Abu Dhabi weeps
This week (11 November 2004) saw the death of Shaikh Zayed Bin Sultan Al Nahyan, President of the UAE and Ruler of Abu Dhabi. The outpouring of grief that has swept the United Arab Emirates has been phenomenal, and took me by surprise.
As a relative newcomer to Abu Dhabi, I haven’t really had much time to form an opinion on Shaikh Zayed, though I understood him to be a benevolent and forward-thinking leader.
To the people of the UAE, he was more than this. They called him the “Father of the Nation.” And he was. The UAE was formed in 1971, after the British withdrew from what had been known as the Trucial Coast. Shaikh Zayed was appointed President by the Supreme Council of Rulers, which is made up of the leaders of the seven emirates within the UAE.
Initially, there were numerous disputes, and at the end of his first 5-year stint as President, Shaikh Zayed threatened to resign if the emirs did not settle their disputes. Nobody dared call his bluff. The result was a much stronger federation, that has grown in thirty years from oil-rich but poorly managed and largely third-world country into a significant economic force in the Middle East.
Amongst his early achievements included providing low-cost housing to UAE nationals, establishing the first wildlife sanctuary and establishing the Abu Dhabi Fund for Arab Economic Development as a means of channelling aid to other developing countries. 28% of Abu Dhabi’s income is allocated to foreign aid.
He was instrumental in establishing the Gulf Cooperation Council (GCC) which is the region’s equivalent of the European Union.
Surprisingly for many, Shaikh Zayed was a champion of women’s rights, and although he recognised that according Islamic and traditional values, a woman's role is the upbringing of children but she should not be confined only to that role. His words were “Those who call themselves 'conservative Muslims' and object to a woman's rising to the highest ranks in the workplace are ignorant of the basic teachings of Islam. The religion grants both men and women the right to work and to contribute to the overall development of society. It is their duty to be participants in such a process.”
In fact, the day prior to his death, the country’s first women cabinet minister was appointed.
Shaikh Zayed also established the Marriage Fund, which initially was set up to help young couples bear the sometimes exorbitant marriage costs. The Marriage Fund’s role has expanded over the years, and now plays a major role in social services, including family counselling, and support for abused women.
And while he provided support and benefits for UAE nationals, he felt strongly that they needed make their own livings. He is quoted as saying “The most important of our duties as Rulers is to raise the standard of living of our people. To carry out one’s duty is a responsibility to God, and to follow up on work is the responsibility of everyone, both the old and the young.”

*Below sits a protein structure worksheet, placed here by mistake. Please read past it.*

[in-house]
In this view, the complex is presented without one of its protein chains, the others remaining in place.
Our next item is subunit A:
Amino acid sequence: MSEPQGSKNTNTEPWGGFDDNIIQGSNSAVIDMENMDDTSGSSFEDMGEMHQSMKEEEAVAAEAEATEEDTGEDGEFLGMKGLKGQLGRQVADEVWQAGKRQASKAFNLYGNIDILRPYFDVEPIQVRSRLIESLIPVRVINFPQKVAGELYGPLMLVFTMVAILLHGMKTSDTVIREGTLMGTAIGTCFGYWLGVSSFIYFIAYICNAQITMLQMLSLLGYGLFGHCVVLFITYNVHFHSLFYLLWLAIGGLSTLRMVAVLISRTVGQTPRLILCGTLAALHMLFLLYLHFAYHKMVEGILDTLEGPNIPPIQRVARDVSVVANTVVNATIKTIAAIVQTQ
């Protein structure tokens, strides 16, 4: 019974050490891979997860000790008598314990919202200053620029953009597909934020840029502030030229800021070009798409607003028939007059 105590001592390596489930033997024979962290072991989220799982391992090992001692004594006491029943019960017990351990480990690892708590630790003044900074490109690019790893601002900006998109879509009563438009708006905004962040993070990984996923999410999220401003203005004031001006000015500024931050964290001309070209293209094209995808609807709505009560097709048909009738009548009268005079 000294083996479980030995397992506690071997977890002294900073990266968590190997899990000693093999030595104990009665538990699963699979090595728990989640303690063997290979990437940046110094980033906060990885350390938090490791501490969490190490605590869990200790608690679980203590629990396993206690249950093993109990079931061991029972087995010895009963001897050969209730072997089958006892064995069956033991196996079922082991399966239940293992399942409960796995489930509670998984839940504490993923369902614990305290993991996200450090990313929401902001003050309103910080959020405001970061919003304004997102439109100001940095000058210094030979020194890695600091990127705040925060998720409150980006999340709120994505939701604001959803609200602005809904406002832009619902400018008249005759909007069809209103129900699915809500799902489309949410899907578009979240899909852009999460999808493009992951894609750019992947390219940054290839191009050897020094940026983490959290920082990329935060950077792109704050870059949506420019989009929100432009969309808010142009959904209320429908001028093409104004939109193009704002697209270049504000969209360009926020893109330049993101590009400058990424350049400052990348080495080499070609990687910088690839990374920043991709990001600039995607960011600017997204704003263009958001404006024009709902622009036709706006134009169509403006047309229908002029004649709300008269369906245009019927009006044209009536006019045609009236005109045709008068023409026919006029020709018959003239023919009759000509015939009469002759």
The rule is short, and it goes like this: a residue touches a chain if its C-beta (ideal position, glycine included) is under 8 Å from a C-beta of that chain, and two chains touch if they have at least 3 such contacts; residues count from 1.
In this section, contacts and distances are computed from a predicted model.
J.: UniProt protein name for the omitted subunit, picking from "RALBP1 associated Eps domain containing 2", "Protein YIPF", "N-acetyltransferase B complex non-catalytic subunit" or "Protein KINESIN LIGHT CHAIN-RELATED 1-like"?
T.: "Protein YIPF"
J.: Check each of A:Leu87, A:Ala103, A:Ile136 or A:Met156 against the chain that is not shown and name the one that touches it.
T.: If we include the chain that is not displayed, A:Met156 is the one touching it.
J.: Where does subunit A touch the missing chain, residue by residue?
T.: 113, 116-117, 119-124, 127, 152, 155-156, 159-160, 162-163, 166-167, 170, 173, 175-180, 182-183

He ensured that the country maintained strong ties with the West, which included supporting the 1991 Gulf War, and the war in Afghanistan.
Shaikh Zayed promoted religious tolerance and condemned those who resorted to violence in the name of religion. In fact, it was Shaikh Zayed who ensured that land was made available for the building of Christian churches in Abu Dhabi.
There has been no problem with Islamic fundamentalists and radicals in the UAE, and the violent behaviour that often marks other Islamic states is simply not tolerated.
The reaction to his death has been unbelievable to me. There is no way that I can see South Africa ever reacting in this way to the death of Thabo Mbeki. The only equivalent would be if Nelson Mandela had to die.
After the announcement, people thronged together, often in tears. So many people tried to get to the palace that the police had to close off a number of streets. The night echoed with half-hourly prayers and the singing of the mullahs. Local TV stations stopped normal programming and switched to recitations of the Quran.
Businesses, shops, schools and government institutions have been closed. The flag is flying at half mast. All the coloured lights which decorate the cities many fountains have been turned off. The Ramadan signage has been covered in black cloth.
It is a nation in shock.
For me, the death of the Shaikh has prompted me to think about a number of things, which I’d like to hear your opinions on.
Firstly, how would our country react to the death of Nelson Mandela?
Secondly, can South Africa achieve in thirty years what the UAE did? From a patched together country with little to no infrastructure to an economic powerhouse?
And lastly, it makes me think of leadership. The Shaikh undoubtedly had an incredible vision for his country, and the leadership ability to get people to do what was needed. He inspired them, and got things done. Do we have the equivalent in South Africa?
I’m not sure. What do you think?